What Is a Stepparent Adoption?
Stepparent adoption involves one spouse adopting the other spouse's biological (or legal) child. Stepparent adoption is the most common type of adoption and is available to all legally-married couples in all 50 states and D.C.. Each state has its own requirements for this type of adoption, so if you have questions, be sure to check with a local adoption attorney.
There are typically three parents involved in every stepparent adoption: two biological (or legal) parents and the stepparent. The following provides an example of a common scenario involving stepparent adoption: A child's custodial parent remarries, and after some time together as a family unit, the custodial parent's new spouse wishes to adopt the child. Meanwhile, the noncustodial parent has been absent or is an unfit parent due to some extreme conduct, such as abuse or neglect. Under these circumstances, having the stepparent adopt the child may be in the child's best interests. A stepparent adoption would give the child a sense of family, of having two stable and loving parents, and even taking on the stepparent's last name, if applicable.
What Are the Requirements for Stepparent Adoption?
Termination of Parental Rights
The first step to every stepparent adoption is to terminate the other biological or legal parent’s rights. If the other parent agrees to relinquish all rights to the child, the process will move faster. However, a voluntary termination of parental rights can be extremely emotional and complicated. Biological parents are often hesitant to voluntarily terminate their parental rights because doing so means giving up the ability to raise or see the child: in most cases, it means no future visitation, telephone calls, or any sort of relationship with the child.
If the parent refuses to consent, the couple requesting the adoption will need to request a court hearing and ask a judge to terminate the other parent’s rights. A court will only terminate parental rights if it finds the other parent abandoned, abused, or neglected the child. The noncustodial parent will receive a court appointed attorney and a court hearing before a judge will make this decision.
Once parental rights are terminated—either by agreement or a court order—the couple can proceed with the adoption by completing the proper application and paying the required court fees.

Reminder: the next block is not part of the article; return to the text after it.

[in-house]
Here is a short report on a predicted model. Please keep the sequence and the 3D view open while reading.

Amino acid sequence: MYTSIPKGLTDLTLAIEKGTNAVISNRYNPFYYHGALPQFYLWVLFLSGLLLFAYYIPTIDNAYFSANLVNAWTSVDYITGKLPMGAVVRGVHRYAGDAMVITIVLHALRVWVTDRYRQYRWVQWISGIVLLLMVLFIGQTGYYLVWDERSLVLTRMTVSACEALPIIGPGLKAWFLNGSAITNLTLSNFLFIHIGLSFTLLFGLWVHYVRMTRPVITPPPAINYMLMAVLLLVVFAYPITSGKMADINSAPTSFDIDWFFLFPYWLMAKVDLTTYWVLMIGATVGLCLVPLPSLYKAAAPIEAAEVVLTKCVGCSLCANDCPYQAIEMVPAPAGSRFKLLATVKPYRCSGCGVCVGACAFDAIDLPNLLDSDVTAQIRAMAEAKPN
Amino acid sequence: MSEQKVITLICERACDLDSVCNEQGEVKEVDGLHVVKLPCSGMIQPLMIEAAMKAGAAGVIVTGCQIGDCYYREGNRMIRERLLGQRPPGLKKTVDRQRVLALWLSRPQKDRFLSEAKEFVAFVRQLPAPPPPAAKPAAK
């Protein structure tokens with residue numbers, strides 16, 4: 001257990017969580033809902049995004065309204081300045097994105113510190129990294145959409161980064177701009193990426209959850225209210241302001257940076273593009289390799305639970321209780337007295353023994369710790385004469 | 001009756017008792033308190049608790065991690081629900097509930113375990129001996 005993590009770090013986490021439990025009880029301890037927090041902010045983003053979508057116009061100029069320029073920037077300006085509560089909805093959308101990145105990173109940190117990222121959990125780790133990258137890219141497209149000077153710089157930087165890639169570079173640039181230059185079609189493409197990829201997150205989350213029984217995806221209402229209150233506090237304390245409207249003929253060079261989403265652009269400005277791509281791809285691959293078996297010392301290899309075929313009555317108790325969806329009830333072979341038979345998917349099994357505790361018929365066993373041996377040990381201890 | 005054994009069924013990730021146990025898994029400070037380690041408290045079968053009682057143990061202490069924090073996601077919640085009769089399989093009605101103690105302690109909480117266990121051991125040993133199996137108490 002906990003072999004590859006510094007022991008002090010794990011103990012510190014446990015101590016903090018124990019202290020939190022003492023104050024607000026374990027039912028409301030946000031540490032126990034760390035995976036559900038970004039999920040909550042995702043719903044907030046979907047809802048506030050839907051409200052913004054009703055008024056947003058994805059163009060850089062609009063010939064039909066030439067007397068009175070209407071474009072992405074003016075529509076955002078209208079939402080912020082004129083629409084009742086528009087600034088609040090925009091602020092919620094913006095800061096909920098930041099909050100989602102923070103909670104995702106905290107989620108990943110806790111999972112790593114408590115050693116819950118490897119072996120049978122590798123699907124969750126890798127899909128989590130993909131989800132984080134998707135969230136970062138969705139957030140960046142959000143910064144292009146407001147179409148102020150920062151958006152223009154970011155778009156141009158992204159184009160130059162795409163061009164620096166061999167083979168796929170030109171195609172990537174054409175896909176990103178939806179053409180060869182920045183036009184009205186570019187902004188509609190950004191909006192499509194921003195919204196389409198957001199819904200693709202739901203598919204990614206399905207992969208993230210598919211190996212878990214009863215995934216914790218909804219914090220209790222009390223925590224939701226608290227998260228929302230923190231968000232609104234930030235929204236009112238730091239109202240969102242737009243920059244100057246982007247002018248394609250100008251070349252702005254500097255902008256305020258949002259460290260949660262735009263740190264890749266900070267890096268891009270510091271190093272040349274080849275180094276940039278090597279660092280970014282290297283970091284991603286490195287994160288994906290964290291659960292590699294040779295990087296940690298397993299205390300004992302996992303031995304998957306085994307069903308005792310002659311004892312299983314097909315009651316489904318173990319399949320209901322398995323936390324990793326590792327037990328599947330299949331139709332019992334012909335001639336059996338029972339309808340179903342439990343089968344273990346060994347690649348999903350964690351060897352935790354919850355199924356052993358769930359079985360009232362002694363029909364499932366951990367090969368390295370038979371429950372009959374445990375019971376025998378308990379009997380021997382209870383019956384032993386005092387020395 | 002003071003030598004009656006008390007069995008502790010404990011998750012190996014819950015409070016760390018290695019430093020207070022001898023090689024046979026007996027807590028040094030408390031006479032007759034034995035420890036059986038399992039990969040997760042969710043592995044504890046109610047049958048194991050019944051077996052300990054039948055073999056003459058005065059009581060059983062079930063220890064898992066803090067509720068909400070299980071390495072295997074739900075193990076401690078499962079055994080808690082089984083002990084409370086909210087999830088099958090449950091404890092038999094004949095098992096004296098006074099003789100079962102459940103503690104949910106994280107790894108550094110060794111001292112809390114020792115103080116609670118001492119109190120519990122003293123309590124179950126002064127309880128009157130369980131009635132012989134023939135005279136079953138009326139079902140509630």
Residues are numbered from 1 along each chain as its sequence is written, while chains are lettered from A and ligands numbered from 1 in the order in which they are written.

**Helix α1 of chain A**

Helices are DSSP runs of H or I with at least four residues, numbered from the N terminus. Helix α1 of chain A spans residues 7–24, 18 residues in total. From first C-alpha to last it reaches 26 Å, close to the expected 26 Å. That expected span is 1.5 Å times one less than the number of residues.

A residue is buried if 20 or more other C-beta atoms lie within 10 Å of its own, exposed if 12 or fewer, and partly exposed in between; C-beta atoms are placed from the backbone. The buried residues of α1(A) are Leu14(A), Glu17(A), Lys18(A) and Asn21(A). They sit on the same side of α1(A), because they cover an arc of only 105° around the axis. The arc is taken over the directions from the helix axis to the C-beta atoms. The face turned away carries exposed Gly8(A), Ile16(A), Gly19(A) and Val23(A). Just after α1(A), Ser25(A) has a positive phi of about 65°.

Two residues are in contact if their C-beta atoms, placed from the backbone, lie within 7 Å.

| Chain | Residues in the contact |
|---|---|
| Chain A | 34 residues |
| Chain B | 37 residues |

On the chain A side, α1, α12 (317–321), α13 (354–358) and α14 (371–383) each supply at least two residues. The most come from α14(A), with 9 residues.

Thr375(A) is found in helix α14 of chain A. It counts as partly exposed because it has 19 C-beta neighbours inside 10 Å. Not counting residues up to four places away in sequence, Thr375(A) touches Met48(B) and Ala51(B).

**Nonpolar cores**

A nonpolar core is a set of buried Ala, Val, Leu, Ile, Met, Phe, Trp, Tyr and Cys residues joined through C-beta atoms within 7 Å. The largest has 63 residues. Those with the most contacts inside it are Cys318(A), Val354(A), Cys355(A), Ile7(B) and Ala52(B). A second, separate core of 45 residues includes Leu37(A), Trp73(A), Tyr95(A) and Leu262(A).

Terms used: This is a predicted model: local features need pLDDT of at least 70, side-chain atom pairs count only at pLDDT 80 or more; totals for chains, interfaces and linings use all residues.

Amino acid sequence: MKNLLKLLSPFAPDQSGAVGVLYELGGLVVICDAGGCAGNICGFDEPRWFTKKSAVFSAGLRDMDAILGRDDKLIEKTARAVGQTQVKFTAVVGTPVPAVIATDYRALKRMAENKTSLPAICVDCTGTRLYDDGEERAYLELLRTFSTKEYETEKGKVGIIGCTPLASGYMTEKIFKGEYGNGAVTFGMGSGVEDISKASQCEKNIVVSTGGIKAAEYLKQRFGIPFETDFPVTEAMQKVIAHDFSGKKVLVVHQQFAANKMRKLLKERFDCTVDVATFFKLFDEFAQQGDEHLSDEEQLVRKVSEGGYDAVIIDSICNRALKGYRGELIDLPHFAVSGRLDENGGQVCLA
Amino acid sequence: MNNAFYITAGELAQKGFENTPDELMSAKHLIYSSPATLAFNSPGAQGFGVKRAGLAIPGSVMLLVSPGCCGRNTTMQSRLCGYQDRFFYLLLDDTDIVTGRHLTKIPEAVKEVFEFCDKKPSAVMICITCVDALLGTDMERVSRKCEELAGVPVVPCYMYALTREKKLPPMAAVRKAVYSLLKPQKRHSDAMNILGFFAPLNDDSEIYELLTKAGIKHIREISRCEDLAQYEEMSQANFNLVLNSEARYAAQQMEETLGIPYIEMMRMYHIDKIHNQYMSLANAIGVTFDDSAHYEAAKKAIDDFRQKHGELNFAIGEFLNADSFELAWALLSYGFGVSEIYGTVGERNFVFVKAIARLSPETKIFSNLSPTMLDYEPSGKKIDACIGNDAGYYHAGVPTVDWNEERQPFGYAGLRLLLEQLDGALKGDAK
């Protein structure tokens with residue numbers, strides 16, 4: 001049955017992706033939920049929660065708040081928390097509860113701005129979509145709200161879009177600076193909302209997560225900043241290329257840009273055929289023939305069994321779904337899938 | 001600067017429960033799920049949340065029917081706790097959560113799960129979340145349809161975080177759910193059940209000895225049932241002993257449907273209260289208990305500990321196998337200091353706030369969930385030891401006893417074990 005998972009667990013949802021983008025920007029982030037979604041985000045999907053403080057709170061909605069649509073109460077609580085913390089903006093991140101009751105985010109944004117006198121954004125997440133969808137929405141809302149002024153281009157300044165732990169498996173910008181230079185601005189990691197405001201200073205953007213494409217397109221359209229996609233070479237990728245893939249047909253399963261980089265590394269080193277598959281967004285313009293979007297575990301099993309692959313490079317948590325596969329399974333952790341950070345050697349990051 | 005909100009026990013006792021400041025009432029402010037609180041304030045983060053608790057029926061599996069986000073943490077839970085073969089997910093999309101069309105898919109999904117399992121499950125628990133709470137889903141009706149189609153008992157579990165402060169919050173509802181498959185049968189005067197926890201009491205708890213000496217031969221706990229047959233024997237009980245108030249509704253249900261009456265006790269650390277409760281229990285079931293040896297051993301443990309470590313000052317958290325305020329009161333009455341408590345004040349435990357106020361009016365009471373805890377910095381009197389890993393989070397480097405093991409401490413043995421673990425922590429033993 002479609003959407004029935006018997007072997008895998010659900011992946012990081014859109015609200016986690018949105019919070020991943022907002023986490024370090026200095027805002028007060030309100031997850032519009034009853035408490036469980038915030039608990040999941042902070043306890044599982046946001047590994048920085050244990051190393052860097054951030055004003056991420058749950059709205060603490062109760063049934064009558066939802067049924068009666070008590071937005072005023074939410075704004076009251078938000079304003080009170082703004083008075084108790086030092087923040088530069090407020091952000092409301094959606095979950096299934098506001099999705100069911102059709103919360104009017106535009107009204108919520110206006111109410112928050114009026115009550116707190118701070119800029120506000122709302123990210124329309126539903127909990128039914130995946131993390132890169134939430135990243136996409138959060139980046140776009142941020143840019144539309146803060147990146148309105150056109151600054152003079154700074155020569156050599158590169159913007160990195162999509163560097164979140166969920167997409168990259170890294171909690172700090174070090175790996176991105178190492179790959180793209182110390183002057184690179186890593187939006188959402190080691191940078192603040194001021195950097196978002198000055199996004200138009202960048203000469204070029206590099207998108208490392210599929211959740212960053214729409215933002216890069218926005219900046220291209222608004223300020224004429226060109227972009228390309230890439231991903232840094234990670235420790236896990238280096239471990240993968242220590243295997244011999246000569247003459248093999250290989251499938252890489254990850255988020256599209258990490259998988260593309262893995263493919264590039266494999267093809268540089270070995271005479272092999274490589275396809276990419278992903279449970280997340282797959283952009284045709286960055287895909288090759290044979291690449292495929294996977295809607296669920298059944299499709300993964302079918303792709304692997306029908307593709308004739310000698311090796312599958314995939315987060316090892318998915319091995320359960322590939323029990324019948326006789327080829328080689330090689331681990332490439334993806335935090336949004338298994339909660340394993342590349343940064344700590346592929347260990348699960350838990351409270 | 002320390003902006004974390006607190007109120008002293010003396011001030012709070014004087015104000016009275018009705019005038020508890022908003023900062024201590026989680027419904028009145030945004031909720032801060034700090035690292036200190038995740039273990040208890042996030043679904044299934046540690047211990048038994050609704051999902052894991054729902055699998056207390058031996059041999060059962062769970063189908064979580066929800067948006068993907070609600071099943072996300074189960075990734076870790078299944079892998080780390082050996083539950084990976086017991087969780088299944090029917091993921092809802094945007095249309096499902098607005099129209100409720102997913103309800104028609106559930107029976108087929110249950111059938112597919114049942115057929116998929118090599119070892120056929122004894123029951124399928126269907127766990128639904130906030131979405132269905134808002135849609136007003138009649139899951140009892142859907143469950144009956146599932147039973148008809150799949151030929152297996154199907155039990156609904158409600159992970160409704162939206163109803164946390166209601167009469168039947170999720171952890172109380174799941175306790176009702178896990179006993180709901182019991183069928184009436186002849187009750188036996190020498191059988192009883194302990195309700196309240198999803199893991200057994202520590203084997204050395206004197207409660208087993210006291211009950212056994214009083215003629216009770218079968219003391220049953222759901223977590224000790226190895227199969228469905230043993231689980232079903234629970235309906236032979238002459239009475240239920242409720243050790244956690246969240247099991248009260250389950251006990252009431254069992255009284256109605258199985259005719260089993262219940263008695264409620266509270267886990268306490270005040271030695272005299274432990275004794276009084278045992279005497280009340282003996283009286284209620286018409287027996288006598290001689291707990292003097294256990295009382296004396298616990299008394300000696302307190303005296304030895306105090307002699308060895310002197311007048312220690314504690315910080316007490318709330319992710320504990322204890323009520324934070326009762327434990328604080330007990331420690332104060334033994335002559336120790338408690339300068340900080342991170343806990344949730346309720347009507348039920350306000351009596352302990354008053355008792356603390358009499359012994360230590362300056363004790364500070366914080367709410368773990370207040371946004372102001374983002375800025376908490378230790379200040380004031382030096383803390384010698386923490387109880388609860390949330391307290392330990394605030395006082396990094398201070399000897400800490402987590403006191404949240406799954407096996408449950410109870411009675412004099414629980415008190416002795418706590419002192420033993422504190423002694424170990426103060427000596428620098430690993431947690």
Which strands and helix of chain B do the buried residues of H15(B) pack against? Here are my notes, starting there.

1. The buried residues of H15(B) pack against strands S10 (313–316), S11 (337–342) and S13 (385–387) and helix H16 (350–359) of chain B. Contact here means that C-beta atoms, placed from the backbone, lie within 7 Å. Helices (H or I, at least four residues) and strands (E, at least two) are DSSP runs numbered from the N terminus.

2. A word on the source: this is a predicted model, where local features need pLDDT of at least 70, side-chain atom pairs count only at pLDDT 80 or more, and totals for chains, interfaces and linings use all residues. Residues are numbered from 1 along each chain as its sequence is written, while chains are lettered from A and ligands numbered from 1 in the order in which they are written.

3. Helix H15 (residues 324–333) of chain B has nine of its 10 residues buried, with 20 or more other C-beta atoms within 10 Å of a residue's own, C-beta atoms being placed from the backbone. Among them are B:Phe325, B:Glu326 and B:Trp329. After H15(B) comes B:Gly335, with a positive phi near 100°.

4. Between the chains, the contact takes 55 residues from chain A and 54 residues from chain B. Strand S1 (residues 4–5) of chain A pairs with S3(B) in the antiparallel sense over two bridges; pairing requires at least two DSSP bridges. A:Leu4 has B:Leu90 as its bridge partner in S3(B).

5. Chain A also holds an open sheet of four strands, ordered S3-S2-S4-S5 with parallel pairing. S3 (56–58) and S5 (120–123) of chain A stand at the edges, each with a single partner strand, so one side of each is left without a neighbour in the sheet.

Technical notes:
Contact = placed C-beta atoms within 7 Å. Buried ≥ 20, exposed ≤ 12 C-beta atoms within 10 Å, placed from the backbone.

In some states, once an adoption petition is filed, a court may order a mandatory home study, which is an evaluation to make sure the stepparent's home is suitable for the child. A court representative will complete the study and send a confidential report to the court with a recommendation. The couple requesting the adoption must pay any fees associated with this study. The home study may include:
- inspection of the physical home
- a psychological evaluation of the parents
- social and criminal record inspections, and
- medical and financial assessment of the couple.
In many states, courts will waive the home study requirement for stepparent adoptions, because the child is already living with a biological or legal parent and the proposed stepparent. If the court doesn’t require a home study, the adoption process may be shorter and less expensive.
When the adoption petition and home study (if any) are complete, the court will schedule a final adoption hearing to either approve or deny the request. If the court grants the petition, a judge will issue an adoption certificate, which will list the child’s new name (if requested) and identify the stepparent as the child’s legal parent. The couple will be able to apply for a new birth certificate for the child through the state’s vital records department. The new birth certificate will list both parents as legal parents and will also include the child’s new name, if necessary.
What Happens After an Adoption?
Once you complete a stepparent adoption, you will have the same rights and responsibilities to your child as your spouse— the child's biological or legal parent. Adoption grants the stepparent all the rights and responsibilities of a legal parent, including the ability to make decisions about the child's welfare and the responsibility of providing the child with financial support.
Adoption is permanent—it can’t be cancelled or reversed because of a divorce or separation. When a stepparent adoption is finalized, if a biological parent dies, the child will stay with the stepparent—who is now the other legal parent. In situations where there is no stepparent adoption, if a custodial parent dies, a judge will likely grant custody to the non-custodial biological parent, unless that parent is unfit—court’s don’t normally recognize the relationship between a stepparent and child absent a formal adoption.
If you have questions about adopting your stepchild, contact a local adoption attorney to determine if stepparent adoption is right for you and your family. Adoption laws vary by state, and hiring an experienced attorney in your area can help you understand the local requirements.